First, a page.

Tech Blog or Press Release Machine

One of my biggest internet pet peeves is news sites and blogs who do little more than regurgitate press releases for companies without any attempt to provide context or additional useful information. Verizon launched their Up program today. Up allows you to earn points that you can use toward things such as Apple Music subscriptions. Unfortunately it also comes with a requirement that you surrender a pretty substantial amount of privacy to them and their advertisers.

But you would not know this from reading tech blogs. Both 9to5Mac and MacRumors ran with the stores with no mention of the privacy implications. MacRumors as since updated the post to point this out. But not 9to5 as of this writing.

Far be it from me to tell people that they should not be allowed to trade their privacy for a few discounts. If they decide it is worth the tradeoff, go right ahead. But come on tech blogs, this is not a minor point with this service. It does a huge disservice to your readers to not mention it. I can get press releases direct from Verizon’s PR channels.

At least some sites such as The Verge and ArsTechnica were very clear about how this program works.

So yeah, I won’t be signing up for Verizon Up. I would not recommend you do either. Up to you, but know what you are signing up for first.

Let’s Encrypt (Our WordPress Blogs)

Websites hosted on WordPress’s commercial service are now encrypted using certificates from Let’s Encrypt, the free certificate authority that removes both the cost and complexity from HTTPS. If you host a site on wordpress.com, this is already available too you with no additional effort required on your part.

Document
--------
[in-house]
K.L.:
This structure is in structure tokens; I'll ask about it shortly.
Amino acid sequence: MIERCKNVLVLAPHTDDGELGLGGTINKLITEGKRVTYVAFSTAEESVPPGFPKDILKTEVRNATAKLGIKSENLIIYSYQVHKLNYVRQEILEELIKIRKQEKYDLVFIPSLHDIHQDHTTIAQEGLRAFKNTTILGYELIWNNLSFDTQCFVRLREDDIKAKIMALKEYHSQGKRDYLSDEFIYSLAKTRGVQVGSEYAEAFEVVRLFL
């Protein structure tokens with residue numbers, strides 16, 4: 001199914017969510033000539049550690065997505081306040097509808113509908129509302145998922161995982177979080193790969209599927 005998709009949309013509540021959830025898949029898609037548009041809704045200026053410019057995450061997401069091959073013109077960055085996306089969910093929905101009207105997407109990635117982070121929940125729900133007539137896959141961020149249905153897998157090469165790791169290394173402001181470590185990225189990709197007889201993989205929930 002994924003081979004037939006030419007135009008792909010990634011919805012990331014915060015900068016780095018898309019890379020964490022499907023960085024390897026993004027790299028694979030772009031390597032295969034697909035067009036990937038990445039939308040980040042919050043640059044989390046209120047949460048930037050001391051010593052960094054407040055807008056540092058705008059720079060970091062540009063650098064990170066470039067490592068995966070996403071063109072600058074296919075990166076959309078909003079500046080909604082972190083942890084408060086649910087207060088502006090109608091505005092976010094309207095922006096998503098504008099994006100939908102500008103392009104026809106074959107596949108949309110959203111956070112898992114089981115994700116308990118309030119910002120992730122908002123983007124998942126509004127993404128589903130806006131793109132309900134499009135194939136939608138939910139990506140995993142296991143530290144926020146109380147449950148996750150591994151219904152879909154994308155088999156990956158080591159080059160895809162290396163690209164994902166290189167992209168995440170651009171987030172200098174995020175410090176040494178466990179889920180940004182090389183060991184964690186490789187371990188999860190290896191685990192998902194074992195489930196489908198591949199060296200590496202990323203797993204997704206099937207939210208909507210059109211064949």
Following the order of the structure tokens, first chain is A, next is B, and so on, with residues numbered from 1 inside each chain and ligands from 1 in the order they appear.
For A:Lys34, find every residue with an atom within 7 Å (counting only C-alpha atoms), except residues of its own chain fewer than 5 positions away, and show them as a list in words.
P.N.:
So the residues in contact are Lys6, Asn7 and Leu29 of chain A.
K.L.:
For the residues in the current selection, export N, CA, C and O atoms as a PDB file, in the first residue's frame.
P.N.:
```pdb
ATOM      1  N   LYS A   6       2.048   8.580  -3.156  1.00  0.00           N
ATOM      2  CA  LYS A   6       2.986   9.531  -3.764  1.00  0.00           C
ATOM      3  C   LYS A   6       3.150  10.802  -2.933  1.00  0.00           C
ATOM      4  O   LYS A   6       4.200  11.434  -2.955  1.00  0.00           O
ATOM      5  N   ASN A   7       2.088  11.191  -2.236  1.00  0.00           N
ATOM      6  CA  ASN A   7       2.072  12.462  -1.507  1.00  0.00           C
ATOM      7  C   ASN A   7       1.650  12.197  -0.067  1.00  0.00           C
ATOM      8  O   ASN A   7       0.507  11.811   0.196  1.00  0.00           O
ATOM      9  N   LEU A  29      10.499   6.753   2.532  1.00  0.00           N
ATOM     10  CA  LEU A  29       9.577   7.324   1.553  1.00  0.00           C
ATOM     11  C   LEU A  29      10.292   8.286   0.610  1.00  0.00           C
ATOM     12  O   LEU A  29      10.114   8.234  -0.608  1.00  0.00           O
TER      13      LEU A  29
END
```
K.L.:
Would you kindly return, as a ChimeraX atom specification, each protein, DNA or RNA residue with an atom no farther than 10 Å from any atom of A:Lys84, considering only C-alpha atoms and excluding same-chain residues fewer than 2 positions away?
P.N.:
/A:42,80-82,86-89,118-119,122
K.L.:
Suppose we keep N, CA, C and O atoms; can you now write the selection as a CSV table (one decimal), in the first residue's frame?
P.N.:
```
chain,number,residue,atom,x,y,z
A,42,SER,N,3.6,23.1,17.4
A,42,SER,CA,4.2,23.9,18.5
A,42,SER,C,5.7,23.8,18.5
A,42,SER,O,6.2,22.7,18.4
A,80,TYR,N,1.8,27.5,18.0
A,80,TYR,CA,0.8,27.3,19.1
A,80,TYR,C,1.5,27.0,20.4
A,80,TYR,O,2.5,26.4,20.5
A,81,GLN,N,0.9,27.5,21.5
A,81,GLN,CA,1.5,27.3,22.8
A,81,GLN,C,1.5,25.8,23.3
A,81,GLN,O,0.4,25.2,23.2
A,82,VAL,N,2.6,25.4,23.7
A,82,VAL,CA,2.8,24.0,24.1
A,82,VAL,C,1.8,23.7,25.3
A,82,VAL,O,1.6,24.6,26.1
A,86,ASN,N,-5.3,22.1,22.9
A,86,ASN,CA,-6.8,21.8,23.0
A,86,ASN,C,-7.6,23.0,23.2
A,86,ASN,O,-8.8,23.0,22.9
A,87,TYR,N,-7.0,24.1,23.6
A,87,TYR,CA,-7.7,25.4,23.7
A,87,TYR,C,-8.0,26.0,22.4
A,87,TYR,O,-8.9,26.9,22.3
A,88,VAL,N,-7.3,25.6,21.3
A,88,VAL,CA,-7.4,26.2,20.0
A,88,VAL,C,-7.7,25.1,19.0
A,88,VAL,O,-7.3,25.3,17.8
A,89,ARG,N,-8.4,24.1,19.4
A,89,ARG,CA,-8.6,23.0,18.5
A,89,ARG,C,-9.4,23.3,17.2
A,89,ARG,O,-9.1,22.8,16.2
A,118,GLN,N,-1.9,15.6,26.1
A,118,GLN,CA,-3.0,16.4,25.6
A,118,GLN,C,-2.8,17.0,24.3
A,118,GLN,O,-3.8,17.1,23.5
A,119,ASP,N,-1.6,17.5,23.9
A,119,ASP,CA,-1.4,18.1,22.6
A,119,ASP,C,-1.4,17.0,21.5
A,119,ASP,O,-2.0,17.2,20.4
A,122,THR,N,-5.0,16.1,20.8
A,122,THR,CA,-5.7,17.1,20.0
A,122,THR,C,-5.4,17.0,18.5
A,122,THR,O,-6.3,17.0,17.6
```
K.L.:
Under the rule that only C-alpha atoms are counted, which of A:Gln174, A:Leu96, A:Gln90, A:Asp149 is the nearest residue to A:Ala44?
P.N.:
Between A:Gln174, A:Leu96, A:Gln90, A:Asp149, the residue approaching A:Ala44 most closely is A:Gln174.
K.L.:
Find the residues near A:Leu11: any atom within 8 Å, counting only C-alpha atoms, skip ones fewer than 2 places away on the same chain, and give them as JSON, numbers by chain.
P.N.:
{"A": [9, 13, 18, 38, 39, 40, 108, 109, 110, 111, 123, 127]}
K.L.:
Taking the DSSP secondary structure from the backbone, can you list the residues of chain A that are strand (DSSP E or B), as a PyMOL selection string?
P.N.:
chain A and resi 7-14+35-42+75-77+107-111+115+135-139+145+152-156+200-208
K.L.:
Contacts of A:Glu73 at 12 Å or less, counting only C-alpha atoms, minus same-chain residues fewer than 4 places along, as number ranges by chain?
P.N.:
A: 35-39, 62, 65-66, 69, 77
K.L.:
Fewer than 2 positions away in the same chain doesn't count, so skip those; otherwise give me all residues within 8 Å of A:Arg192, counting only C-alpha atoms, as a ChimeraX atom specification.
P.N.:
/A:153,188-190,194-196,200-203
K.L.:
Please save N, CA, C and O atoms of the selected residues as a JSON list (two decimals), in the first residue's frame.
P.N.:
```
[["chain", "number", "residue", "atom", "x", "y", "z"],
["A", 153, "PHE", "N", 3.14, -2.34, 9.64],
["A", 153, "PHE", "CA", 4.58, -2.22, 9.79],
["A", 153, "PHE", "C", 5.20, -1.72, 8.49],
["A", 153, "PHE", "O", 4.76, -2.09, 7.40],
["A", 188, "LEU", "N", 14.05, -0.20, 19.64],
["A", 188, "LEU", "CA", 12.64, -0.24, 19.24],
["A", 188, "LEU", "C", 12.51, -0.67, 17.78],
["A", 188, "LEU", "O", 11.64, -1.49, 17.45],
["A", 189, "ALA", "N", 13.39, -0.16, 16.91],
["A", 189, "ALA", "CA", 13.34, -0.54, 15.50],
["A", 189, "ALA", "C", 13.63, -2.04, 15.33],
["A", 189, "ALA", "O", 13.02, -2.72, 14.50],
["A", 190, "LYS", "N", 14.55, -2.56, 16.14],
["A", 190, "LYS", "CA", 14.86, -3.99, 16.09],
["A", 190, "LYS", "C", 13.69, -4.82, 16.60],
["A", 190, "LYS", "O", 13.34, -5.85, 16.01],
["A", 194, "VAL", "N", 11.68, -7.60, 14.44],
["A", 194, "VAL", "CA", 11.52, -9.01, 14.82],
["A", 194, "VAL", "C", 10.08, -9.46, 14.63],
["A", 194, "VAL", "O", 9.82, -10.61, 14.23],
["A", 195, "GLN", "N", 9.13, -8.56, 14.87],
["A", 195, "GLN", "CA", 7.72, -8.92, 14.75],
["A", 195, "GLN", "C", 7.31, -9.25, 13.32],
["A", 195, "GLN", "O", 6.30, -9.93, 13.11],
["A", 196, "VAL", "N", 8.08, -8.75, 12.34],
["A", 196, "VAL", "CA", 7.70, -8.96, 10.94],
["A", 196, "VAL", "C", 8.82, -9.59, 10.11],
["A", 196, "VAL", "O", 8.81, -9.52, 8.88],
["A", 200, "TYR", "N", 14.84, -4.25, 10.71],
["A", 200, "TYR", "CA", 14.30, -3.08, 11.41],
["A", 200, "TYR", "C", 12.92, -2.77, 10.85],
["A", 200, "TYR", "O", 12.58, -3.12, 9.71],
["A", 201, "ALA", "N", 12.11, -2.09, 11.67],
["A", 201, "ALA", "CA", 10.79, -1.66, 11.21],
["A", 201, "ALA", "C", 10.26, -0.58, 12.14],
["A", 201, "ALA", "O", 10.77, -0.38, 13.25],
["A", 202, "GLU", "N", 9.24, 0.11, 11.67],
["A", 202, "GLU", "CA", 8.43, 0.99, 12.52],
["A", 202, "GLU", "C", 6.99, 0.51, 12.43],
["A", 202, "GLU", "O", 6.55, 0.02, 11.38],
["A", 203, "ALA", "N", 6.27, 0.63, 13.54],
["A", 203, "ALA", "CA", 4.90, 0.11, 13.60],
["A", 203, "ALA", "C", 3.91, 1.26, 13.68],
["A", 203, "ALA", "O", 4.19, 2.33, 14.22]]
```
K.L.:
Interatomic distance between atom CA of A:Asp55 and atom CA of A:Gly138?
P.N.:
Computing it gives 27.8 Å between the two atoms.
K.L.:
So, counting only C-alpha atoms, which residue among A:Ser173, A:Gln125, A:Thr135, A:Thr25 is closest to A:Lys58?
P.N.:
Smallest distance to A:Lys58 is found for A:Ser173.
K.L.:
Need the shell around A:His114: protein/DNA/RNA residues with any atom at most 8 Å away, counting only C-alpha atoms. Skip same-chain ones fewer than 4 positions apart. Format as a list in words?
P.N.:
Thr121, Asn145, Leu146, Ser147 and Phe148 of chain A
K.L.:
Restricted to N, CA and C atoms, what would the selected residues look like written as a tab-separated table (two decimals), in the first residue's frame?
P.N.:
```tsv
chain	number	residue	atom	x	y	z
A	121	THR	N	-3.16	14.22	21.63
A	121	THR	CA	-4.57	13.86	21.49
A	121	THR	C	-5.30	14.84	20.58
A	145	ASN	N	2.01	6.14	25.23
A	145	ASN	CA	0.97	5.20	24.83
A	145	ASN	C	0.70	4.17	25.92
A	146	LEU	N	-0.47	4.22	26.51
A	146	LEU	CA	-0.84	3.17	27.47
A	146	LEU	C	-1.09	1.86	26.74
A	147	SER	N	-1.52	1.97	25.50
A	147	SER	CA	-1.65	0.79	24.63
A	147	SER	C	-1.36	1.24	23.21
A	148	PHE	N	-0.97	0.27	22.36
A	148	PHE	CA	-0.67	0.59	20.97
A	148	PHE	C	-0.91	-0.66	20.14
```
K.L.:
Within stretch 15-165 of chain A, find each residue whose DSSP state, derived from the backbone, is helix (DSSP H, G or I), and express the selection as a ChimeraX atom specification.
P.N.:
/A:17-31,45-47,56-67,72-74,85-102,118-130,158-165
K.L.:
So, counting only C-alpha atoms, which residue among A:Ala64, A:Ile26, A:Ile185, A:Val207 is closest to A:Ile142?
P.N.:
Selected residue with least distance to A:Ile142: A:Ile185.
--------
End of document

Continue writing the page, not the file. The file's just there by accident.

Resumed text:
If you have your own hosted WordPress site and you can install software to your server, it is fairly easy to get the Let’s Encrypt software up and running. I recently migrated this site to a VPS and had no issue getting Let’s Encrypt up and running. Many shared hosting services such as DreamHost have also added support.

HTTPS is moving closer and closer to the default state of the web, and that is a good thing. A notable holdout at the moment is SquareSpace, which has never allowed custom certificates, even paid ones. I had an exchange with them on Twitter not that long ago but they did not commit to any timeframe on support for secure connections. I would urge them to move on this before it becomes a competitive disadvantage.

If you are just starting out with creating a website, I would make support for free and easy HTTPS a requirement when choosing your host.